# unexpected delay in a TWT

• posted

Since we were having a long delay in a system I came to measure the delay of a traveling wave tube (TWT) amplifier. The delay is in the order of 40ns, which at 34.6GHz correspond to about 1380 wavelengths or 13m of free space. The tube is in the order of 30cm long. I was aware it has two helix inside but considered them to be 10 turn or so.

• posted

The point of a TWT over regular tubes is changing the paradigm on how electrons do work, so that should be due to propagation of the electron beam itself.

As I recall, TWTs work by shooting an electron beam (= constant velocity) down a helix, where, due to spooky action and black magic, the beam turns into bunches and somehow does work on the electromagnetic field. The result, gain. The delay should be essentially the propagation of the beam. Maybe with a velocity factor for the helix, or somewhat shorter for the feedpoints being somewhere along it, etc.

Whatever the case, I'm guessing your anode voltage is close to 160V.

*electron+mass*(30cm%2F40ns)^2%2Felectron+charge

Tim

```--
Deep Friar: a very philosophical monk.
Website: http://webpages.charter.net/dawill/tmoranwms```
• posted

Our TWT has an anode voltage of -14kV and a current in the range of 60mA. And yes, the signal propagation of the electron beam matches the signal velocity on the helix. I was puzzled that there are 1400 wavelengths stored in the helix, while I expected much less.

Rene

Tim Williams wrote:

• posted

Wow. The beam velocity is about c*sqrt(2*16keV/511keV) or 7.5e7 m/s, so for a 30 cm tube, the transit time should be just about exactly 4 ns. Are you sure you didn't drop a decimal place somewhere?

Cheers

Phil Hobbs

```--
Dr Philip C D Hobbs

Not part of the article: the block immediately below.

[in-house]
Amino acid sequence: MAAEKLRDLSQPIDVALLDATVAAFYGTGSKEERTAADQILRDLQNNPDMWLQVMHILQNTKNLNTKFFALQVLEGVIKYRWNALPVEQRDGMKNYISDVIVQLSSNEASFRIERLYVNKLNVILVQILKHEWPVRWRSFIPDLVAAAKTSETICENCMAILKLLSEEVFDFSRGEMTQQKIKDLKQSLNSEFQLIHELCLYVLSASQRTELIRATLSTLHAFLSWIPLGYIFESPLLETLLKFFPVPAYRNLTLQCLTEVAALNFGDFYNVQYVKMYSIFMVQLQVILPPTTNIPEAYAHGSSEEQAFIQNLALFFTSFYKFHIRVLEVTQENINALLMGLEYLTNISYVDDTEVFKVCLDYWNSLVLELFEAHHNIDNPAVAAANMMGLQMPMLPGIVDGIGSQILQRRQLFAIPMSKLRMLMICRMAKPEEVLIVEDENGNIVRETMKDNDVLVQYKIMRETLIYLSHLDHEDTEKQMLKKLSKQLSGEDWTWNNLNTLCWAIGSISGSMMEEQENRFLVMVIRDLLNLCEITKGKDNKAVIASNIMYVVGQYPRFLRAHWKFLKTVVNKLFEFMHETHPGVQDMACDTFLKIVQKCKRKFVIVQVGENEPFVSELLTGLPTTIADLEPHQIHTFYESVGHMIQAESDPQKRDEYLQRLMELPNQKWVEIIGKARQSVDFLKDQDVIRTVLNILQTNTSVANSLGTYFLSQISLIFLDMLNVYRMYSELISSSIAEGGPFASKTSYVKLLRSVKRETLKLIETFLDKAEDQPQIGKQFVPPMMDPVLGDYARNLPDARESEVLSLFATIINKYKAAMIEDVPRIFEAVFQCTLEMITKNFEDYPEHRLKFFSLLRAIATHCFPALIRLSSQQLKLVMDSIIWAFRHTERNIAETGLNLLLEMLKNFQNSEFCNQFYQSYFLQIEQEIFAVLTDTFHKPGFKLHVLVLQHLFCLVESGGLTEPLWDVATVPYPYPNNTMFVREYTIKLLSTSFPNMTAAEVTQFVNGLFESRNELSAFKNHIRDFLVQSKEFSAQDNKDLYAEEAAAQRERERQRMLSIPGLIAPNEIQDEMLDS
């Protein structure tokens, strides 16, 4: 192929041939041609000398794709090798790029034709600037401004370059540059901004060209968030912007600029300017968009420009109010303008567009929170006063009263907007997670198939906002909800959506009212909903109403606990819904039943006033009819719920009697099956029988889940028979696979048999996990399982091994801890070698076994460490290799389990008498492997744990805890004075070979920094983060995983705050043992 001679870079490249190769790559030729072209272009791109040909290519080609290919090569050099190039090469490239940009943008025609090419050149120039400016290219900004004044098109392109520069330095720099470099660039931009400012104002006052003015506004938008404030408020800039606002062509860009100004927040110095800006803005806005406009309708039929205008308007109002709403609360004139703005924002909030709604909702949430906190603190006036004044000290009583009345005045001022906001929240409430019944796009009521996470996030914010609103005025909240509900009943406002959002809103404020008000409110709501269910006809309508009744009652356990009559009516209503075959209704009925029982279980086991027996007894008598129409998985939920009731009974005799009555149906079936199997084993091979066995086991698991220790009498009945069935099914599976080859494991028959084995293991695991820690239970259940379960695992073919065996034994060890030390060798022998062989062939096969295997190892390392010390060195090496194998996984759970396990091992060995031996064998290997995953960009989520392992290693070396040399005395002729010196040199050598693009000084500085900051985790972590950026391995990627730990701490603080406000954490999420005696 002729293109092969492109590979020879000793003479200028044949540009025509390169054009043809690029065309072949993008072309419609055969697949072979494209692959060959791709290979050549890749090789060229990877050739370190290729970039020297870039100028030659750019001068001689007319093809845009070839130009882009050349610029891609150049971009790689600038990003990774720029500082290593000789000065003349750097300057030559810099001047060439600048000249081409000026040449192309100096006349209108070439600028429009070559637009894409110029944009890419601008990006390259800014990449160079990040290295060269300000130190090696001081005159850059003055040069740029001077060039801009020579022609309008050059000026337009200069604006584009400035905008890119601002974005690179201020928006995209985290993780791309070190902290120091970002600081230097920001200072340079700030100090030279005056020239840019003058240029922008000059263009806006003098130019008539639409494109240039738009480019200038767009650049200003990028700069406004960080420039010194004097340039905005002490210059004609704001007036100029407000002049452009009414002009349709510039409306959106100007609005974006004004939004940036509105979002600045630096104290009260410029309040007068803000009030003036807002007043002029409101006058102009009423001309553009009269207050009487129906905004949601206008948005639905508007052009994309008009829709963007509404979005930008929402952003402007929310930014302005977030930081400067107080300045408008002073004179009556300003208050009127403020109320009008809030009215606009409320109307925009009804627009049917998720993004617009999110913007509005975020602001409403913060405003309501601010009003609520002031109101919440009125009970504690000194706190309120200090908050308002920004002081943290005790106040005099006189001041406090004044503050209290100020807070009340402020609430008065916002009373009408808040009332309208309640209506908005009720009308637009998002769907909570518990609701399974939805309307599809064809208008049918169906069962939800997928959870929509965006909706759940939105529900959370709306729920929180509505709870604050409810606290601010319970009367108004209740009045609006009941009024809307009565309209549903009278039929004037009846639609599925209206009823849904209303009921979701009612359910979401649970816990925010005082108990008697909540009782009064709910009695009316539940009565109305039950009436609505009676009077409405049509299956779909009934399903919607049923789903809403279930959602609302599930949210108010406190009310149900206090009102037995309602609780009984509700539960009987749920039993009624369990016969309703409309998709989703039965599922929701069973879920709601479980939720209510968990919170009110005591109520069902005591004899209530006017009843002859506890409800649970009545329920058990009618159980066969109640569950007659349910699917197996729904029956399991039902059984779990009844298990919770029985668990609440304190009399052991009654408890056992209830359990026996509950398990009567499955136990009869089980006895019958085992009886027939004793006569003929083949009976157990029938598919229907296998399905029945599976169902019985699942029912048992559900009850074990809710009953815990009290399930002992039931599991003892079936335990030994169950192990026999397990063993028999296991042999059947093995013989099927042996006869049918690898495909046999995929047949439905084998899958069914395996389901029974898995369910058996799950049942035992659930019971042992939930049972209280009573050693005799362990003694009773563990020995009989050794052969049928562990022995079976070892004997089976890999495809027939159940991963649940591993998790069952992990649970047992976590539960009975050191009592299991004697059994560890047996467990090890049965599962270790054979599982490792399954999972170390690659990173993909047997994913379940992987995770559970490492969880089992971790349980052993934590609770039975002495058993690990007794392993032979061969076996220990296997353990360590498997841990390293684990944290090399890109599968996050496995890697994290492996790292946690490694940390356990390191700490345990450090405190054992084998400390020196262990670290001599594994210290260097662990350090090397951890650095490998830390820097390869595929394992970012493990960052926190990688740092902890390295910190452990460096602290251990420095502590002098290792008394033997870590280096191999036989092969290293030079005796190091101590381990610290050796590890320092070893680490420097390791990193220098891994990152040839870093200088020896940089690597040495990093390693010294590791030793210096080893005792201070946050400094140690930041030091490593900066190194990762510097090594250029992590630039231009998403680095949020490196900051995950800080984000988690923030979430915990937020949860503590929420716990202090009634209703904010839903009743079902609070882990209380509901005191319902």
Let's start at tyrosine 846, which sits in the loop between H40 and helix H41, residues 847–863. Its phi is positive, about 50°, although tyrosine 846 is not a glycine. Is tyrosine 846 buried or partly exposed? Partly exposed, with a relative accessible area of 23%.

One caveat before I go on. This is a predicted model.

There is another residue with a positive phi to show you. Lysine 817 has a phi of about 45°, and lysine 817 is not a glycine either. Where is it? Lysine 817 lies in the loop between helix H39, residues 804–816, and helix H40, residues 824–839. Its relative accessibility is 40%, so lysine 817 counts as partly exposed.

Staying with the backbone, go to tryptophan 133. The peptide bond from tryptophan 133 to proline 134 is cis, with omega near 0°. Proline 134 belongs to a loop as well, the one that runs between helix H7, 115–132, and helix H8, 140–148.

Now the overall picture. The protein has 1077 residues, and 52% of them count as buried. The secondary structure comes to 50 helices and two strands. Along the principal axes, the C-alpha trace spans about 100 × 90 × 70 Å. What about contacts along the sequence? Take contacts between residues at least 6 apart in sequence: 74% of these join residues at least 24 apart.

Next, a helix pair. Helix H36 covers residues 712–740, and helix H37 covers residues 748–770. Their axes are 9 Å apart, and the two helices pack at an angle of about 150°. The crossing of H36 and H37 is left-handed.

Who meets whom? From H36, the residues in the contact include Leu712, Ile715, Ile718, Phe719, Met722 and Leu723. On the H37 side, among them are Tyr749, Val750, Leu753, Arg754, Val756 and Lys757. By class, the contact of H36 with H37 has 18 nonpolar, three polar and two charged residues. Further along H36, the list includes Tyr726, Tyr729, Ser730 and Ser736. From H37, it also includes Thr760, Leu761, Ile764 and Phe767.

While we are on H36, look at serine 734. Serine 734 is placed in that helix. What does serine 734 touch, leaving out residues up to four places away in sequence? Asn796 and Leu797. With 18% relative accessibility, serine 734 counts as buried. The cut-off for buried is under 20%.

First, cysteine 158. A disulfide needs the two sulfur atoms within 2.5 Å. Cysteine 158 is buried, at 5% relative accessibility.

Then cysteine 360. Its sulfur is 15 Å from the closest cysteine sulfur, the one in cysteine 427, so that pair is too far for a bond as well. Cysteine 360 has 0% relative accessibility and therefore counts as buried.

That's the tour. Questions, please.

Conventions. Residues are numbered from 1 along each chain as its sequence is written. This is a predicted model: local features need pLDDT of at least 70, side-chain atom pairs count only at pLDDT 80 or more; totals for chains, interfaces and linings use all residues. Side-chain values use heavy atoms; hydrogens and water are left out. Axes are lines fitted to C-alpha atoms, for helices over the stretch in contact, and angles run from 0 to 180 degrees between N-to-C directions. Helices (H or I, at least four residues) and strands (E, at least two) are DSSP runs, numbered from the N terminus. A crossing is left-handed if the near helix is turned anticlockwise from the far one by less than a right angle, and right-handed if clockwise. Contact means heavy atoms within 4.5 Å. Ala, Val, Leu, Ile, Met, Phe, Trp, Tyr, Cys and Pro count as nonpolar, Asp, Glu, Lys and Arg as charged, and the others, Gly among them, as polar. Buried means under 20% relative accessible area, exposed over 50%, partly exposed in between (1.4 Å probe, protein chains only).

Principal```
• posted

Seems a lot. How did you measure the delay?

John

• posted

beam

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ns

beam.

charge

Does the device to which you refer as a 'TWT' actually contain a TWT and some filters, at least to constrain the amplitudes of harmonics when the device is operated anywhere near to saturation? If so, the filters will contribute to the delay.

Chris

• posted

Thanks John and Phil,

I have a CW generator and a fast switch that switches within nanoseconds that is connected to the TWT unit, not the tube. The unit contains whatever plus the tube. I have no idea, whether a filter is included or not. Even if there was a filter, it cannot contribute to the delay as it has as bandpass a bandwidth of perhaps 2GHz.

After the unit, there is an isolator plus a directional coupler and another directional coupler. Then a detection diode. I measure the delay between the control pulse of the switch and the detection diode with a sufficiently fast scope doing a few GSample. The pulse shapes there are sufficiently rectangular.

Rene

• posted

Hmm. A sharp enough filter with a 2 GHz bandwidth could contribute a couple of nanoseconds, but 40 is a stretch. Is it possible to tune the source just a bit and measure d(phi)/d(f)?

Cheers

Phil Hobbs

```--
Dr Philip C D Hobbs
Principal```
• posted

On a sunny day (Sun, 18 Apr 2010 17:13:48 +0200) it happened Rene Tschaggelar wrote in :

Did you take into account that the speed of the electrons in that tube is

• posted

Check my post from the 13th. If the total delay were due to the electron beam, it would be powered by about 160V.

Tim

```--
Deep Friar: a very philosophical monk.
Website: http://webpages.charter.net/dawill/tmoranwms```
• posted

On a sunny day (Sun, 18 Apr 2010 19:19:14 -0500) it happened "Tim Williams" wrote in :

Circular motion? Been many years since I had to do with a TWT amplifier. That was for a satellite uplink.

• posted

On a sunny day (Sun, 18 Apr 2010 19:19:14 -0500) it happened "Tim Williams" wrote in :

Circular motion? Been many years since I had to do with a TWT amplifier. That was for a satellite uplink. PS because when you uplink to a sat at 40,000 km height, then 40 ns delay is nothing compared to what you get. Big echo when receiving back your own signal :-) And with digital processing the latency is even bigger.

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